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Non-Review Review: The Last Stand

In theory, The Expendables demonstrated that age was no real impairment when it came to the task of kicking ass and taking names, even if you might need to put your reading glasses on first. So, you could argue that the issue of Arnold Schwarzenegger’s age doesn’t really need to come up during The Last Stand. We know that he is 65 years of age, and we also know that he’s probably a great deal fitter than most of us will be at that age. (Being honest, I wouldn’t be surprised to discover that a hexagenarian Arnie could trump most people in their prime.) As a result, the fixation of The Last Stand on the age of its leading man feels a little strange.

It feels especially strange because it eats into a lot of the film. The Last Stand is mostly functional, but its pacing suffers greatly. We’re going to see an Arnold Schwarzenegger vehicle, so it’s safe to assume that (a.) we’re okay with his advancing age, and (b.) we want to see him kick some whippersnapper ass. Unfortunately, The Last Stand seems to misjudge the audience’s interest in an Arnie film, and as a result our leading man spends most of the first three-quarters of the film doing very little.

The Last Stand is clearly intended to demonstrate the viability of its leading man in this modern age, but it seems to lack the confidence to just dive into the action that this sort of film is meant to provide. The result is a strange mish-mash of a film that winds up wasting a lot of good will long before it reaches its climax.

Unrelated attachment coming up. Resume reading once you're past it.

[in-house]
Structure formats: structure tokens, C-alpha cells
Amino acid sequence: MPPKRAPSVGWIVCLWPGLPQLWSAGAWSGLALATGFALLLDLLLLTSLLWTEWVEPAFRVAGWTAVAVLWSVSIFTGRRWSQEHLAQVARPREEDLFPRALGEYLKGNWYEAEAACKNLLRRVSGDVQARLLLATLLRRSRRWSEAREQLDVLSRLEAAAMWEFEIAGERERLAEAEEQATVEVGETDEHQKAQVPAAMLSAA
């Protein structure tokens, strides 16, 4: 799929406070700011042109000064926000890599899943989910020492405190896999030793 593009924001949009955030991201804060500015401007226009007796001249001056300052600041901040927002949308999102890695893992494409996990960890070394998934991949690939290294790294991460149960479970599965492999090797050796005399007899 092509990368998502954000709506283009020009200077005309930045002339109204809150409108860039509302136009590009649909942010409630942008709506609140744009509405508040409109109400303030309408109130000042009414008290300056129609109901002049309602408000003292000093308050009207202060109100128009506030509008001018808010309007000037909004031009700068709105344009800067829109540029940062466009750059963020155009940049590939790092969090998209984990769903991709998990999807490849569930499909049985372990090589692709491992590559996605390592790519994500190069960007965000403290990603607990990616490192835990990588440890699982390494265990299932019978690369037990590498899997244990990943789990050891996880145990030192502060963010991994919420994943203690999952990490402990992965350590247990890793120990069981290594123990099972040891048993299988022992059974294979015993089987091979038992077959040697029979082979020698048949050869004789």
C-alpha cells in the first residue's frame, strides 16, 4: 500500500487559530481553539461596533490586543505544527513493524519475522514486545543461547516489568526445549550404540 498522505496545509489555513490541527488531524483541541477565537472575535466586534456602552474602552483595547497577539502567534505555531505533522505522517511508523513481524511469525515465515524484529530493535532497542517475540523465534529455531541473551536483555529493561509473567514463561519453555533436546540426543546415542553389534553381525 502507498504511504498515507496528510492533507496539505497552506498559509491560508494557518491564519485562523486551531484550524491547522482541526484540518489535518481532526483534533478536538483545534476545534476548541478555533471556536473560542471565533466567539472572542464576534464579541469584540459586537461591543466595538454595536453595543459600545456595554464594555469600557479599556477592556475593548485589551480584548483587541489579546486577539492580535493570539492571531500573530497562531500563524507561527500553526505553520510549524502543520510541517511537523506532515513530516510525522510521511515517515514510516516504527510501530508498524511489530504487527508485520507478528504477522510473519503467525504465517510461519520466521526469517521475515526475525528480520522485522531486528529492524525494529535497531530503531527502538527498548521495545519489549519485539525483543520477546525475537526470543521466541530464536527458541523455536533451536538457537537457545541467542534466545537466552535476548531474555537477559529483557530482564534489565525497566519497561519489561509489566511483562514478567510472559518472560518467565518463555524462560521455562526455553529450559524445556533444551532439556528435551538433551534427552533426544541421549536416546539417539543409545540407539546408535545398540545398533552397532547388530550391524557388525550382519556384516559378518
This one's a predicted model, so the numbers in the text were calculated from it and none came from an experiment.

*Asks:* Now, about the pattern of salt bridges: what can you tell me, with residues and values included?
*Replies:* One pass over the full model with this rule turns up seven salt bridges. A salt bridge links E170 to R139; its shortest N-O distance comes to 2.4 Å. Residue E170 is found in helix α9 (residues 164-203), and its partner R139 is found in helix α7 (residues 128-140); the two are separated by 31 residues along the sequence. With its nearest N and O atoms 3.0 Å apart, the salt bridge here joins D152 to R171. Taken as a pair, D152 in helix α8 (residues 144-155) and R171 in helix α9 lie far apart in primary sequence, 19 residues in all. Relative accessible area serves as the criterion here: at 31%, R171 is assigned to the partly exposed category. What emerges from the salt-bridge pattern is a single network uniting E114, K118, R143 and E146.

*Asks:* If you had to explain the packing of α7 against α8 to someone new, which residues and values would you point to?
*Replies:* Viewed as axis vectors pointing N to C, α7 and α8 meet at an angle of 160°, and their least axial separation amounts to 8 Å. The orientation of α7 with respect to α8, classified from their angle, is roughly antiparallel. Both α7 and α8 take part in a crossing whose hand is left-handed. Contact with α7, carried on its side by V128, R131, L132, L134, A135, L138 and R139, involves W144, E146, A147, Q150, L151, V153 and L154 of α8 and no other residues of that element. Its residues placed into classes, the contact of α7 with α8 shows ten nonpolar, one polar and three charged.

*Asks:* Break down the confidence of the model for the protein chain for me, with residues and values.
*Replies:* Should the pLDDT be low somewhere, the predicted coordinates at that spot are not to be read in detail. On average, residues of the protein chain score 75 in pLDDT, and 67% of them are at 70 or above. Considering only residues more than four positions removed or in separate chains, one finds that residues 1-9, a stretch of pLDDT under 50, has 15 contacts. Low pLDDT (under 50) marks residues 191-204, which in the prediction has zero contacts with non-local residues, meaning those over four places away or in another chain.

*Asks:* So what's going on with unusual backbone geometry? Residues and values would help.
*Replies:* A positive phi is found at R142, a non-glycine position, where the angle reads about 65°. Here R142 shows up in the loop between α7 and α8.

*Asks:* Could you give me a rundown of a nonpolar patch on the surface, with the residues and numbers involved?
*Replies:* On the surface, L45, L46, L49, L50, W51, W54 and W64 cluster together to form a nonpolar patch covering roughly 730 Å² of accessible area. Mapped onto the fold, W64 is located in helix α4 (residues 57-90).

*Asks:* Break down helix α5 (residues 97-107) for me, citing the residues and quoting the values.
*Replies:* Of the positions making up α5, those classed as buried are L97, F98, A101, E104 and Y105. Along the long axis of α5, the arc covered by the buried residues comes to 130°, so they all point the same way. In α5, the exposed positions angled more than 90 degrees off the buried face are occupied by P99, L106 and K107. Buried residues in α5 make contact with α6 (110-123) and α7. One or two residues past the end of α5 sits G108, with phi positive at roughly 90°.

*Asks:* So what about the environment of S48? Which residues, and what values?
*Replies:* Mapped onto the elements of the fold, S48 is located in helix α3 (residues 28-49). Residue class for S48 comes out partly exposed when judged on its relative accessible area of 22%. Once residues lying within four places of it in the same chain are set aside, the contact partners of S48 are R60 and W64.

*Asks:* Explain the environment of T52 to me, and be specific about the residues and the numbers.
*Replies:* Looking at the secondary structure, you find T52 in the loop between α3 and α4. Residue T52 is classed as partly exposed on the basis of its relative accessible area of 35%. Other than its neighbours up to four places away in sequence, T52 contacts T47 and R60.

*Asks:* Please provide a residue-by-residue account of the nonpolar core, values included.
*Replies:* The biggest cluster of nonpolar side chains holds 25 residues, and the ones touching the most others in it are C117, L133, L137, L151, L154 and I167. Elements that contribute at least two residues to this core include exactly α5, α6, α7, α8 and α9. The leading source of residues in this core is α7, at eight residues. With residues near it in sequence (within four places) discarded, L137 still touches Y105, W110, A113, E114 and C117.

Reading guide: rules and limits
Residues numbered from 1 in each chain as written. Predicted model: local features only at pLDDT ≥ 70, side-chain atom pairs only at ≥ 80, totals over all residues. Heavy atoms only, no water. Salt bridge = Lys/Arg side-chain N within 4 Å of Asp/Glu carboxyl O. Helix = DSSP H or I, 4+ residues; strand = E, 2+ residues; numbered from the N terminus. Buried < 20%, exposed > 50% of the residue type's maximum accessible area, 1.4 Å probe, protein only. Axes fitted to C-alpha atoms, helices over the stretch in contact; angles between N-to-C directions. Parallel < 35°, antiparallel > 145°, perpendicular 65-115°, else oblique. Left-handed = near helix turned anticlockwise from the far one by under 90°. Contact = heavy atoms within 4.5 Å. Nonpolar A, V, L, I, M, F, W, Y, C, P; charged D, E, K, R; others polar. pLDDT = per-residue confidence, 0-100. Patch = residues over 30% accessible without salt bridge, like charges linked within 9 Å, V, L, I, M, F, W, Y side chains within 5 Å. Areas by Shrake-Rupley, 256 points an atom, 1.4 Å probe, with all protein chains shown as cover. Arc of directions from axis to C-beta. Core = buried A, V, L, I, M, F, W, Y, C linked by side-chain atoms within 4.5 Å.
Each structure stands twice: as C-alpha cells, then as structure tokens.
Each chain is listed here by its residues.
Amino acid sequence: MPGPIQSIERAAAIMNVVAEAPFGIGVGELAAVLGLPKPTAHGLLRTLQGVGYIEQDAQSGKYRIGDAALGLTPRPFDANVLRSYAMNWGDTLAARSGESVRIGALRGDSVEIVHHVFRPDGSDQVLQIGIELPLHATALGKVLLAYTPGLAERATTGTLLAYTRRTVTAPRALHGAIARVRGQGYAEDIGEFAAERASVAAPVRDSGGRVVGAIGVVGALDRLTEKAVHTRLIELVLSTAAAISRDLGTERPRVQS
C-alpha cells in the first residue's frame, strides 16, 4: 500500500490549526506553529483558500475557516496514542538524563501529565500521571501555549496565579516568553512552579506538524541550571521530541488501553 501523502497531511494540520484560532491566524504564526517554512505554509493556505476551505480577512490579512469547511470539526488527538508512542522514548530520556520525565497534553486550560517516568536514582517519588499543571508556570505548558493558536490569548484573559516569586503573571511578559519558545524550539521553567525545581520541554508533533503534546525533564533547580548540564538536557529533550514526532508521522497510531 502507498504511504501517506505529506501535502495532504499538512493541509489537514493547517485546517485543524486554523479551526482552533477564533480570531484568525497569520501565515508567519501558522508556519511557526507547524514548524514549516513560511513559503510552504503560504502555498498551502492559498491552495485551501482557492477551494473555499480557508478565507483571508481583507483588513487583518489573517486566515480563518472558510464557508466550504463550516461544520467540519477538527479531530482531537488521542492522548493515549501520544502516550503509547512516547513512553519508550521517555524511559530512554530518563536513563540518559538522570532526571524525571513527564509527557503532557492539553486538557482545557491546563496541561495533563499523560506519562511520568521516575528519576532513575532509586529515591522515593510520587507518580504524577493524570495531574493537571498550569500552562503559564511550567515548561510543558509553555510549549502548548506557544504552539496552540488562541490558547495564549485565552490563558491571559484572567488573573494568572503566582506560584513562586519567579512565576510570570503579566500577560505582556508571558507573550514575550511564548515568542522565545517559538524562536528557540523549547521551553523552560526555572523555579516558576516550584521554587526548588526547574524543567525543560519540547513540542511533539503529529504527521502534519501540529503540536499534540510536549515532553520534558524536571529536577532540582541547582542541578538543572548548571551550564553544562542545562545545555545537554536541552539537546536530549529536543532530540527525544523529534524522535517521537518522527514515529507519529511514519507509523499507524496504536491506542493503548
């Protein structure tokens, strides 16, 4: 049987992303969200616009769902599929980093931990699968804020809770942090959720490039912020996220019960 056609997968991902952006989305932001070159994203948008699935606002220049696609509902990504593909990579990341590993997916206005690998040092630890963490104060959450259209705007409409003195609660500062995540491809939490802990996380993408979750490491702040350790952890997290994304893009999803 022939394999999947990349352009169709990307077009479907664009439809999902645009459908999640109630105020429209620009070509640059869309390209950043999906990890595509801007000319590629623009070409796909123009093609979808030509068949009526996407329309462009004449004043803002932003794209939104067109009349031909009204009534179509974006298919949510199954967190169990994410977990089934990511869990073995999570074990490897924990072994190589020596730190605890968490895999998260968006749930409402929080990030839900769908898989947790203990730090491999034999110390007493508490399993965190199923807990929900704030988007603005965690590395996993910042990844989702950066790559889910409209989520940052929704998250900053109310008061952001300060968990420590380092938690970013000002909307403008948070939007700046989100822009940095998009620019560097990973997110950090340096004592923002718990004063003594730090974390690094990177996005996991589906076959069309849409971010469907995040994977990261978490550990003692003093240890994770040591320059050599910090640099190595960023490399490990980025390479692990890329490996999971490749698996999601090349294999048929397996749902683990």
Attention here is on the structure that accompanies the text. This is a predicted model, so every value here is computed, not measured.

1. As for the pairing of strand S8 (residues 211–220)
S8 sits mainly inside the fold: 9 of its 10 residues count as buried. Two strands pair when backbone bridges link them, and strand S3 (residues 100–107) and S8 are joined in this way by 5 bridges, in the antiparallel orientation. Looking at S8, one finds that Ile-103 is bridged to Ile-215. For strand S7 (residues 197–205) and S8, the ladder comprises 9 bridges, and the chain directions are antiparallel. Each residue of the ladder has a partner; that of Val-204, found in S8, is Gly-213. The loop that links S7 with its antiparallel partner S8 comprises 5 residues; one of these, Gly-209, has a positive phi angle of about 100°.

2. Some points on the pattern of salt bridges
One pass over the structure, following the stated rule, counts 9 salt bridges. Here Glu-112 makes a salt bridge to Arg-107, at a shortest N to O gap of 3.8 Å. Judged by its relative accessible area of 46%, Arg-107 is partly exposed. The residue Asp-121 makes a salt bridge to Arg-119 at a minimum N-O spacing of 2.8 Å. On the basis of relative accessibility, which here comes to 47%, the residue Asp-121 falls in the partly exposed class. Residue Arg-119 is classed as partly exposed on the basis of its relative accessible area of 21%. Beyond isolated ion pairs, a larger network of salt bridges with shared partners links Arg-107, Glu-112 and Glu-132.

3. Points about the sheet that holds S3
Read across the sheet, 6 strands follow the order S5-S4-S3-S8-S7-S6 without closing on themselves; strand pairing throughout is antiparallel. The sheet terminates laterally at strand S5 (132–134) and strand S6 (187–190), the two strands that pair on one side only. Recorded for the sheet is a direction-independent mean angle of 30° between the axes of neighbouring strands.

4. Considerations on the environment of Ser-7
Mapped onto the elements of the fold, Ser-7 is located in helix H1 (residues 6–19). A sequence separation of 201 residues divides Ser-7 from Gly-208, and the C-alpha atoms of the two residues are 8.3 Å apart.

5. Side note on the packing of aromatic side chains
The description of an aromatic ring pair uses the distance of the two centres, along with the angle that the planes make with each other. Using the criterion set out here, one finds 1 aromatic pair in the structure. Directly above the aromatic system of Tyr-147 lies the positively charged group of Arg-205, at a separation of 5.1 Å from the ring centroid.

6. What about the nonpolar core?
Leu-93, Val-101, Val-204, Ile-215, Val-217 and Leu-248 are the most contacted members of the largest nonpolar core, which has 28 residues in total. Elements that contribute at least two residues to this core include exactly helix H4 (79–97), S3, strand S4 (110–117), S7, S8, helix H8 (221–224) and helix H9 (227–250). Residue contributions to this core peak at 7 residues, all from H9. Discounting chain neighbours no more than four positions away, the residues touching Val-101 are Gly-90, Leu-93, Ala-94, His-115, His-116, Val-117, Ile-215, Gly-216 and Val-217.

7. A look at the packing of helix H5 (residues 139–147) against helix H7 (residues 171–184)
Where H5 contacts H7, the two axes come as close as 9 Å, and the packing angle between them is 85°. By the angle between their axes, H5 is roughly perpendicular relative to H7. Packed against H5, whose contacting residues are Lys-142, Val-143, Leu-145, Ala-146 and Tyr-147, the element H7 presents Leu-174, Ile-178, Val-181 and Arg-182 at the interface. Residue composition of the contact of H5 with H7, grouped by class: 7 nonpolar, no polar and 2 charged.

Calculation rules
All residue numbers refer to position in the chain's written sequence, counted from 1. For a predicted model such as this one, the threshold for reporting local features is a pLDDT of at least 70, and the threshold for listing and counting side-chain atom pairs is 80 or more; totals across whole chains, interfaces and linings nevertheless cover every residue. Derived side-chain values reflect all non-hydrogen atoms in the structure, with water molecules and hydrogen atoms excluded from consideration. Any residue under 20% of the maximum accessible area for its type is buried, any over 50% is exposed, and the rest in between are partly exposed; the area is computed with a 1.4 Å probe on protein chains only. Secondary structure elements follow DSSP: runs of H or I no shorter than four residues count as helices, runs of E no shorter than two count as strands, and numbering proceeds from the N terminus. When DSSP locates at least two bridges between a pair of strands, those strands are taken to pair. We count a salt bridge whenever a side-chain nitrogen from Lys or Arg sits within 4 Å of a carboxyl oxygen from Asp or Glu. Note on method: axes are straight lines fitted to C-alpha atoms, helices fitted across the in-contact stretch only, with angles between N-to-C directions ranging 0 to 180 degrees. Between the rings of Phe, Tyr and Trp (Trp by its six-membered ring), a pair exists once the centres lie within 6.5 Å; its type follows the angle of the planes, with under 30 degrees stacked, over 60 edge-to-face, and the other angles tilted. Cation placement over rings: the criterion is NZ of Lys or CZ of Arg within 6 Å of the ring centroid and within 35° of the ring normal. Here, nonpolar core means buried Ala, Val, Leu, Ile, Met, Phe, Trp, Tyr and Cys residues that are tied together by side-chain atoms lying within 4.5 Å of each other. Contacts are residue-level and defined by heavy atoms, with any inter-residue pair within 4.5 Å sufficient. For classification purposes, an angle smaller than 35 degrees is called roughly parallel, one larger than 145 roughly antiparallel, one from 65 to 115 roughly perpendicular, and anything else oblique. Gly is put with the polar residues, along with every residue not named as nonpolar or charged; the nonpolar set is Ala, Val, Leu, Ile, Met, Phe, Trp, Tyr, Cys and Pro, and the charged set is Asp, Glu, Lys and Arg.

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He’s back!

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Mark Millar’s Run on Marvel Knights Spiderman – Vol. 1 (Hardcover)

With the news of the Spider-Man reboot being bandied about and the rumour that they were “darker and edgier” with the character, I thought I’d best check out what “dark and edgy” Spider-Man looks like. Here’s a hint: it isn’t Spider-Man III. I picked up Marvel Knights: Spider-Man. For those not-too-versed in comic book lore, Marvel Knights was basically the “mature” branding for Marvel properties, like Vertigo is over at DC (Neil Gaiman’s Sandman was published at Vertigo, for example). Basically, Marvel attempted to publish several books under this header – including Spider-Man and Kevin Smith’s relaunch of Daredevil – the idea being to offer more “grown up” versions of the familiar superheroes. While it’s entirely unfair to take the fact that the series was rebranded within three years as evidence of it’s quality, it failed to convince me that Spider-Man really needs to be made “darker and edgier”.

Yes, "darker and edgier" is a euphemism for "more violent"...

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